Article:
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Eating Disorders

What is an Eating Disorder?
Eating Disorders describe illnesses that are characterized by irregular eating habits and severe distress or concern about body weight or shape. Eating disturbances may include inadequate or excessive food intake which can ultimately damage an individual’s well-being. The most common forms of eating disorders include Anorexia Nervosa, Bulimia Nervosa, and Binge Eating Disorder and affect both females and males. Eating disorders can develop during any stage in life but typically appear during the teen years or young adulthood. Classified as a medical illness, appropriate treatment can be highly effectual for many of the specific types of eating disorders. Although these conditions are treatable, the symptoms and consequences can be detrimental and deadly if not addressed. Eating disorders commonly coexist with other conditions, such as anxiety disorders, substance abuse, or depression.
Types of Eating Disorders
The three most common types of Eating Disorders are as follows:
  • Anorexia Nervosa-The male or female suffering from anorexia nervosa will typically have an obsessive fear of gaining weight, refusal to maintain a healthy body weight, and an unrealistic perception of body image. Many people with anorexia nervosa will fiercely limit the quantity of food they consume and view themselves as overweight, even when they are clearly underweight. Anorexia can have damaging health effects, such as brain damage, multi-organ failure, bone loss, heart difficulties, and infertility. The risk of death is highest in individuals with this disease.
  • Bulimia Nervosa Nervosa-This eating disorder is characterized by repeated binge eating followed by behaviors that compensate for the overeating, such as forced vomiting, excessive exercise, or extreme use of laxatives or diuretics. Men and women who suffer with Bulimia may fear weight gain and feel severely unhappy with their body size and shape. The binge-eating and purging cycle is typically done in secret, creating feelings of shame, guilt, and lack of control. Bulimia can have injuring effects, such as gastrointestinal problems, severe hydration, and heart difficulties resulting from an electrolyte imbalance.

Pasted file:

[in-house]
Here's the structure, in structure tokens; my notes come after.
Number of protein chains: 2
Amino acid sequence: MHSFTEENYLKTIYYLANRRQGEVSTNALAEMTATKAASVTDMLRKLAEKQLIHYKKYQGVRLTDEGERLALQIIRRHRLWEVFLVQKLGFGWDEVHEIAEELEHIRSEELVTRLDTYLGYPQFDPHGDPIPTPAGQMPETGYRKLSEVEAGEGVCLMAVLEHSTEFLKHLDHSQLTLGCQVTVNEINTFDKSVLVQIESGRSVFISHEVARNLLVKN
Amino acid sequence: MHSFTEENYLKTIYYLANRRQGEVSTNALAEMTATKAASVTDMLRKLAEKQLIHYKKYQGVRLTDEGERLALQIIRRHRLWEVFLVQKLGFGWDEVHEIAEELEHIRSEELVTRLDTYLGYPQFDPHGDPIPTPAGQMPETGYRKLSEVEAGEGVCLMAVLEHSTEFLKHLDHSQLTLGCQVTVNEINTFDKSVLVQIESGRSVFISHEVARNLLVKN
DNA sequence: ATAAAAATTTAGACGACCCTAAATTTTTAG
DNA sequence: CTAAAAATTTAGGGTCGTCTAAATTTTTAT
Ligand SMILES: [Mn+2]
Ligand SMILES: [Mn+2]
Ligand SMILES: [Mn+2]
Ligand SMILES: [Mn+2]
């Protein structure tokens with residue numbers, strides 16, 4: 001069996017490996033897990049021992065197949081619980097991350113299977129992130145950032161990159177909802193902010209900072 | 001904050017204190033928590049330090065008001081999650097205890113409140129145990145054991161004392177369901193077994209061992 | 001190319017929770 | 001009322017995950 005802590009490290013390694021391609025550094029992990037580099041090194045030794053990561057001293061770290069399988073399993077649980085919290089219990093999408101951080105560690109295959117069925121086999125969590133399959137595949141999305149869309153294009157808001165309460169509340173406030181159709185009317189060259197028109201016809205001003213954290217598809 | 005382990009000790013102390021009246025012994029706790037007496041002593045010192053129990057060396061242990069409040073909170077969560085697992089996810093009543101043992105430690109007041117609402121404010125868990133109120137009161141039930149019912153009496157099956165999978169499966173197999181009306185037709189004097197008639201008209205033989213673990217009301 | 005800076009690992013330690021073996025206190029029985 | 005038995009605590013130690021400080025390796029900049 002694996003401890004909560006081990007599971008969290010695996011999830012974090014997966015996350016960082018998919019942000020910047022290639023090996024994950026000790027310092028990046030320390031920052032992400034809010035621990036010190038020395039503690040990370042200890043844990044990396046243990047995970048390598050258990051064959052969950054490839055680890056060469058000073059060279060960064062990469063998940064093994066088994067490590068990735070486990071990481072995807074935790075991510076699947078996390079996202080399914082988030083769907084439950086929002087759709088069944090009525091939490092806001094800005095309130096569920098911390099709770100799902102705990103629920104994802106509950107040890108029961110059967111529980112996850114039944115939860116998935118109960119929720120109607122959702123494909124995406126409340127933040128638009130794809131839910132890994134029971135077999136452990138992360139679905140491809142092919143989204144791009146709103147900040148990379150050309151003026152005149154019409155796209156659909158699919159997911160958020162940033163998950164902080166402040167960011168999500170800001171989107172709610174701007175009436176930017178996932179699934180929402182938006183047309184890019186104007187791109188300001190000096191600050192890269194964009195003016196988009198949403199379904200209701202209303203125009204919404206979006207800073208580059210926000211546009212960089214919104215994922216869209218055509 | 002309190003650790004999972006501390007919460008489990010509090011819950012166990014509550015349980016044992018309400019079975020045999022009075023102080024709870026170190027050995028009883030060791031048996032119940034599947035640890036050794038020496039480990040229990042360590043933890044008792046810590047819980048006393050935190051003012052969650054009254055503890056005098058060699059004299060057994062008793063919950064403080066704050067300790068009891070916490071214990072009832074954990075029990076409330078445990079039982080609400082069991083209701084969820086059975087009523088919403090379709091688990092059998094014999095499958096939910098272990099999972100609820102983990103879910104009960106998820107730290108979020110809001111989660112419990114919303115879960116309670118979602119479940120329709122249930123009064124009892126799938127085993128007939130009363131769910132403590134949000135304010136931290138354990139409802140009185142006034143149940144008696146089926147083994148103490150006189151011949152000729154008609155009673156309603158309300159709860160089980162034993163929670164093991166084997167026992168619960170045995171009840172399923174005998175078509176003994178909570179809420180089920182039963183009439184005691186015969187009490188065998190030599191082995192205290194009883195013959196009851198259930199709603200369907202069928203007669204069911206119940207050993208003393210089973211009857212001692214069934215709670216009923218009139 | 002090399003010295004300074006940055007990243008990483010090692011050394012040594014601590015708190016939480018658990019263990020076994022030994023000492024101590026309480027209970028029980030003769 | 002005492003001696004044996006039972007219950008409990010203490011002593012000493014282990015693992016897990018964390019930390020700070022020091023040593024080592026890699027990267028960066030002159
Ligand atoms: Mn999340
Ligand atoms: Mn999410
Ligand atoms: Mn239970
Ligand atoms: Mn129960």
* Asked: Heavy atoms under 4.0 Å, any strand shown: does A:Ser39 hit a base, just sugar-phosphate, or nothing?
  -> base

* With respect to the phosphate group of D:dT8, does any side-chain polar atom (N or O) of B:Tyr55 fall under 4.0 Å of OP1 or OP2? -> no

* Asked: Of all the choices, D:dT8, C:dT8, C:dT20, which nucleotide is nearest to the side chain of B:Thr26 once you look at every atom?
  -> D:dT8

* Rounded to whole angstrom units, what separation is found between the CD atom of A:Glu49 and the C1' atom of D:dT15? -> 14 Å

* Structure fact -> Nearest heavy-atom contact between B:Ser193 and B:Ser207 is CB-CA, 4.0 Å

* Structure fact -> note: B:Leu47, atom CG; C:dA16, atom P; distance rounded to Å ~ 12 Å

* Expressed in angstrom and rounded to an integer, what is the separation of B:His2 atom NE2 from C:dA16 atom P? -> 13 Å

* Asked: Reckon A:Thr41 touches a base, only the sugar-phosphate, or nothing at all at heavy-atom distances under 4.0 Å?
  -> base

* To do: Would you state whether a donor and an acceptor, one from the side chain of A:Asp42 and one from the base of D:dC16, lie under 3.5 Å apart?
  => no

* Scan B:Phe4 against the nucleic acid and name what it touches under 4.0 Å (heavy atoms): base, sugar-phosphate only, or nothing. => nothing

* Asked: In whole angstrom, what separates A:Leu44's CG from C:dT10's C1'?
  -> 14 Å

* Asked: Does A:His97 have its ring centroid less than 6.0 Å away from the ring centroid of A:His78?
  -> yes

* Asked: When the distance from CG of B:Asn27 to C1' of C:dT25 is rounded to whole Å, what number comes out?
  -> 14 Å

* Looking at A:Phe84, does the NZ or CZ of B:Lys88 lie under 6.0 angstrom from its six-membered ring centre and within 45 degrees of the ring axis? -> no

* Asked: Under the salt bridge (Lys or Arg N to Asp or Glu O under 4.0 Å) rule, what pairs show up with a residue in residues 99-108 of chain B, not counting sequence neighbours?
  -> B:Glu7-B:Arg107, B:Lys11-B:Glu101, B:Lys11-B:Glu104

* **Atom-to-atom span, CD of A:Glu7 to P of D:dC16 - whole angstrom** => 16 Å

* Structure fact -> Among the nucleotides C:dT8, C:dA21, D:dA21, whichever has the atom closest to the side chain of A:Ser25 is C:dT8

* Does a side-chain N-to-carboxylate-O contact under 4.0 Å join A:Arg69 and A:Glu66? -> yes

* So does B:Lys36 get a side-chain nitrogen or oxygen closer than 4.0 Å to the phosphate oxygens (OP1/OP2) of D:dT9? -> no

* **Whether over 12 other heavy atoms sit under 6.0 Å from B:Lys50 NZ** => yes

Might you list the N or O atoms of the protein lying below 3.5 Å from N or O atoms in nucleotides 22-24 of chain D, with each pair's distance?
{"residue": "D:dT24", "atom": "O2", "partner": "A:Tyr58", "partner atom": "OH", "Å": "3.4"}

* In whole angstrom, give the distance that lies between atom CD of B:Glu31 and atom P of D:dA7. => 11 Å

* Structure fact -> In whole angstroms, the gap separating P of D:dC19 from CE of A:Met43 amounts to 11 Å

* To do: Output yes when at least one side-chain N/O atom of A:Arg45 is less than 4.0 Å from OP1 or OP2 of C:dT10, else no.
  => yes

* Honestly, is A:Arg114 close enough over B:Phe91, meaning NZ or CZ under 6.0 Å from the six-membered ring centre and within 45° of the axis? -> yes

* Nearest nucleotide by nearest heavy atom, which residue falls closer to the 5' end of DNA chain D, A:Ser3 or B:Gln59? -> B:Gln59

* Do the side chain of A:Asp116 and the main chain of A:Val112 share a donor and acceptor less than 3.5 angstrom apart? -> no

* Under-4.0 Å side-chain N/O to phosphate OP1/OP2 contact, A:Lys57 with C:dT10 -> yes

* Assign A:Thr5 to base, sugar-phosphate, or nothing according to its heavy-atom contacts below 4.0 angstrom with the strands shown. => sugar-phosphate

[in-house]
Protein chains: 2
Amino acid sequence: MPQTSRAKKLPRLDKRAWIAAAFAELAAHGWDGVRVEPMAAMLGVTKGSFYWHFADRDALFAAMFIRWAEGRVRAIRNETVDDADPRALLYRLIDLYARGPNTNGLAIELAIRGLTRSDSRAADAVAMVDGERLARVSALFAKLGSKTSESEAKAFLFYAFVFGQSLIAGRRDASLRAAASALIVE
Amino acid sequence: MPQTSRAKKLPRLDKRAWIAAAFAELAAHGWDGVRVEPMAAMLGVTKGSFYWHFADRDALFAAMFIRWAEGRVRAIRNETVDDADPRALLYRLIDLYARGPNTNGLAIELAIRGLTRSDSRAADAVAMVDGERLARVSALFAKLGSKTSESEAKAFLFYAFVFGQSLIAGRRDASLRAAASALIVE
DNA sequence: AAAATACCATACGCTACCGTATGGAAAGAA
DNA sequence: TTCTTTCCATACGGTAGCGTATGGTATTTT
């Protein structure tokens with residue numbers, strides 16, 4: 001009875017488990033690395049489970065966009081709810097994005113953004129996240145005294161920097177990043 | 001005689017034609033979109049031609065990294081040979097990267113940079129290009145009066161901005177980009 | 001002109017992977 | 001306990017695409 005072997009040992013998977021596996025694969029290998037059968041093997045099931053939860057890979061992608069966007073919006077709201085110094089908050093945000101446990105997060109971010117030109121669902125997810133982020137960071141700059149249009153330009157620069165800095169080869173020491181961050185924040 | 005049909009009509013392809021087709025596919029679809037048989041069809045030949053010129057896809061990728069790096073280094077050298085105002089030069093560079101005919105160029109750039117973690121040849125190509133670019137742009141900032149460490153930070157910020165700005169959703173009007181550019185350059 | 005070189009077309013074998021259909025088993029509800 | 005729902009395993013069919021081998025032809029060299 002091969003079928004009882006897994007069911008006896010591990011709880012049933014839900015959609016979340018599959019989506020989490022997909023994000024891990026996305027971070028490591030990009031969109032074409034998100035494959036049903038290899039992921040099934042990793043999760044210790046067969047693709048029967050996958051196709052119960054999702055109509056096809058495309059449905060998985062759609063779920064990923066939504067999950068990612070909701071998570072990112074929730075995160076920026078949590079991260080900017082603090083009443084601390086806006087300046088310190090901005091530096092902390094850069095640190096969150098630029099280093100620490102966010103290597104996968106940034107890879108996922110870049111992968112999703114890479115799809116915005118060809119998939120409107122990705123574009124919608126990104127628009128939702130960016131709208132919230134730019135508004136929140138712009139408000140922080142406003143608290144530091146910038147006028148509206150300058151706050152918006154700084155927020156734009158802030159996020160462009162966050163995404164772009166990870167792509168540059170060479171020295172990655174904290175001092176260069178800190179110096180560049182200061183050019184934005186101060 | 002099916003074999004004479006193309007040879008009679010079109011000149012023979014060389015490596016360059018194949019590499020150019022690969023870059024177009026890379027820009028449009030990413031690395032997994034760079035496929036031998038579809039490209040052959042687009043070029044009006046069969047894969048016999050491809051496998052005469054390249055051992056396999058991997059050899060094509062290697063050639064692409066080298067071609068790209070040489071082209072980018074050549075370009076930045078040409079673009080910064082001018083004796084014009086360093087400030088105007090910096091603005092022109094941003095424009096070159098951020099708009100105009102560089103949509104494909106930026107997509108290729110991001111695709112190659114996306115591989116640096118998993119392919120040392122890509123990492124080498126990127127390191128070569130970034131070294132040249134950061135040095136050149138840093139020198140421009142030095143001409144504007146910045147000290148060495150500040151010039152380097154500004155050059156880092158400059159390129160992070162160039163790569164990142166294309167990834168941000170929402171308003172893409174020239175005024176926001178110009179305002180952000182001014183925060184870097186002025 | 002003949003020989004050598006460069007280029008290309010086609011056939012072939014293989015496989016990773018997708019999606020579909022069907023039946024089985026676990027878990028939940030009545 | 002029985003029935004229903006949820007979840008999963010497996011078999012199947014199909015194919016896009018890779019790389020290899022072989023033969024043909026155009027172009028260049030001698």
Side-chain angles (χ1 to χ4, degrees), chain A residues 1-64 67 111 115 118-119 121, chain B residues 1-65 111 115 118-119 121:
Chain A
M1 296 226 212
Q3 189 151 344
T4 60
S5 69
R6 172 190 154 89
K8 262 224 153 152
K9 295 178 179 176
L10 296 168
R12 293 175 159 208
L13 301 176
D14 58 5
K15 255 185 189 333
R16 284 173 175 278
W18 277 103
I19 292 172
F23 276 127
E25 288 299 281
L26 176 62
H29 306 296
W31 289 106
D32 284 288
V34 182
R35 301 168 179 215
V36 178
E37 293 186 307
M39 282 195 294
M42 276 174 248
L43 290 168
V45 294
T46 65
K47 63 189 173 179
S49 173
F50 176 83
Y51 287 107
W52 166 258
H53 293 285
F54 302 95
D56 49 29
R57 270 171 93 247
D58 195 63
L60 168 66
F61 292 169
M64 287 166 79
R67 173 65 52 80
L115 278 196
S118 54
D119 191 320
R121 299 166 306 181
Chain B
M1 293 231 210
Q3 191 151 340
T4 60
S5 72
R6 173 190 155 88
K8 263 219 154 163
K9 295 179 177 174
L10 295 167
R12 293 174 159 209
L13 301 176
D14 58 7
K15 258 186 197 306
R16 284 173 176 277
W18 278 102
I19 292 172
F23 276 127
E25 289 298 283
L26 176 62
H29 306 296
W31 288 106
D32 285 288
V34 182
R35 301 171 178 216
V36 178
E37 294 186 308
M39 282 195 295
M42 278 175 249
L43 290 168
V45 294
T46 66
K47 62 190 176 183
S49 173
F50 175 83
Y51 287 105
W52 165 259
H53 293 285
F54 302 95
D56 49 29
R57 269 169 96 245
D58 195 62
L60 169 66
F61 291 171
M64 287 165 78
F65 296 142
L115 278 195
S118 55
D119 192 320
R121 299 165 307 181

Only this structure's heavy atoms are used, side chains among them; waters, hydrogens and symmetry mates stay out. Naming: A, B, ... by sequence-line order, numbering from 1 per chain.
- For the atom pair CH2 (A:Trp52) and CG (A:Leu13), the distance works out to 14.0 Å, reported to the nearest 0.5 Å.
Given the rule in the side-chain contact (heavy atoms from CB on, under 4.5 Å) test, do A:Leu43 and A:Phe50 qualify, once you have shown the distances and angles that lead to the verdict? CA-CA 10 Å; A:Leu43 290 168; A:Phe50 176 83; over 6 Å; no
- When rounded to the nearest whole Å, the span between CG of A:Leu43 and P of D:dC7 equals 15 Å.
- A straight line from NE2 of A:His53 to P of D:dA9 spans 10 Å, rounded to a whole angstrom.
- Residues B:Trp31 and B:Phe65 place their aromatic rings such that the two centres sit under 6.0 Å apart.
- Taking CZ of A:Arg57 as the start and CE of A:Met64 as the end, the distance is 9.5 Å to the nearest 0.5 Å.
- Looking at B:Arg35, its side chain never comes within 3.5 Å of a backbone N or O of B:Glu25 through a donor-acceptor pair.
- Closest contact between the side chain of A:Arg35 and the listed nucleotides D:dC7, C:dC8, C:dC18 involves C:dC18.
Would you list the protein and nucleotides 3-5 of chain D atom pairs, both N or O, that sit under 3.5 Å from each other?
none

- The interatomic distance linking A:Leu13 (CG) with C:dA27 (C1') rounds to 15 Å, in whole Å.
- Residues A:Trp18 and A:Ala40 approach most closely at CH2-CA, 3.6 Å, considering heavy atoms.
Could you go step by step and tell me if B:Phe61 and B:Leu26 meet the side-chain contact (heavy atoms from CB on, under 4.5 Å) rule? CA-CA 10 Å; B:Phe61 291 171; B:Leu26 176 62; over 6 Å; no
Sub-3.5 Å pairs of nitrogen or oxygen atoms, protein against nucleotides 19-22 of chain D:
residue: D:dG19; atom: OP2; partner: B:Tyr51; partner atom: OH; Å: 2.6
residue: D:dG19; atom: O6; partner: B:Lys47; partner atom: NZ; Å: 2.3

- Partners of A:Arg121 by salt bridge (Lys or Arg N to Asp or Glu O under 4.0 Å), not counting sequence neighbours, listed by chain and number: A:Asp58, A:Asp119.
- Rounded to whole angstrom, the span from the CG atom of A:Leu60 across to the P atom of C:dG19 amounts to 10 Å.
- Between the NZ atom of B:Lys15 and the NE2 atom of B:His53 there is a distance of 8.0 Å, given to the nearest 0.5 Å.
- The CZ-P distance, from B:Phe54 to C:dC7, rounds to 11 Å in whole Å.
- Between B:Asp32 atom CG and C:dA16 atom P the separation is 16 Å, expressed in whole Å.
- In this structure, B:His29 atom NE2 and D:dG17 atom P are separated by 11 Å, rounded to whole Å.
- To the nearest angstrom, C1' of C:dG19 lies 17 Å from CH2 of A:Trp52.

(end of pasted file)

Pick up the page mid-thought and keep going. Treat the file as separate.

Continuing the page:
• Binge Eating Disorder- Individuals who suffer from Binge Eating Disorder will frequently lose control over his or her eating. Different from bulimia nervosa however, episodes of binge-eating are not followed by compensatory behaviors, such as purging, fasting, or excessive exercise. Because of this, many people suffering with binge-eating disorder may be obese and at an increased risk of developing other conditions, such as cardiovascular disease. Men and women who struggle with this disorder may also experience intense feelings of guilt, distress, and embarrassment related to their binge-eating, which could influence further progression of the eating disorder.
Causes of Eating Disorders
Eating Disorders are complex disorders, influenced by a facet of factors. Though the exact cause of eating disorders is unknown, it is generally believed that a combination of biological, psychological,and/or environmental abnormalities contribute to the development of these illnesses.
Examples of biological factors include:
  • Irregular hormone functions
  • Genetics (the tie between eating disorders and one’s genes is still being heavily researched, but we know that genetics is a part of the story).
  • Nutritional deficiencies
Examples of psychological factors include:
  • Negative body image
  • Poor self-esteem
Examples of environmental factors that would contribute to the occurrence of eating disorders are:
  • Dysfunctional family dynamic
  • Professions and careers that promote being thin and weight loss, such as ballet and modeling
  • Aesthetically oriented sports, where an emphasis is placed on maintaining a lean body for enhanced performance. Examples include: rowing, diving, gymnastics, wrestling, long distance running.
  • Family and childhood traumas: childhood sexual abuse, severe trauma
  • Cultural and/or peer pressure among friends and co-workers
  • Stressful transitions or life changes
Signs & Symptoms of an Eating Disorder
A man or woman suffering from an eating disorder may reveal several signs and symptoms, some which are:
  • Chronic dieting despite being hazardously underweight
  • Constant weight fluctuations
  • Obsession with calories and fat contents of food
  • Engaging in ritualistic eating patterns, such as cutting food into tiny pieces, eating alone, and/or hiding food
  • Continued fixation with food, recipes, or cooking; the individual may cook intricate meals for others but refrain from partaking
  • Depression or lethargic stage
  • Avoidance of social functions, family and friends. May become isolated and withdrawn
  • Switching between periods of overeating and fasting
 
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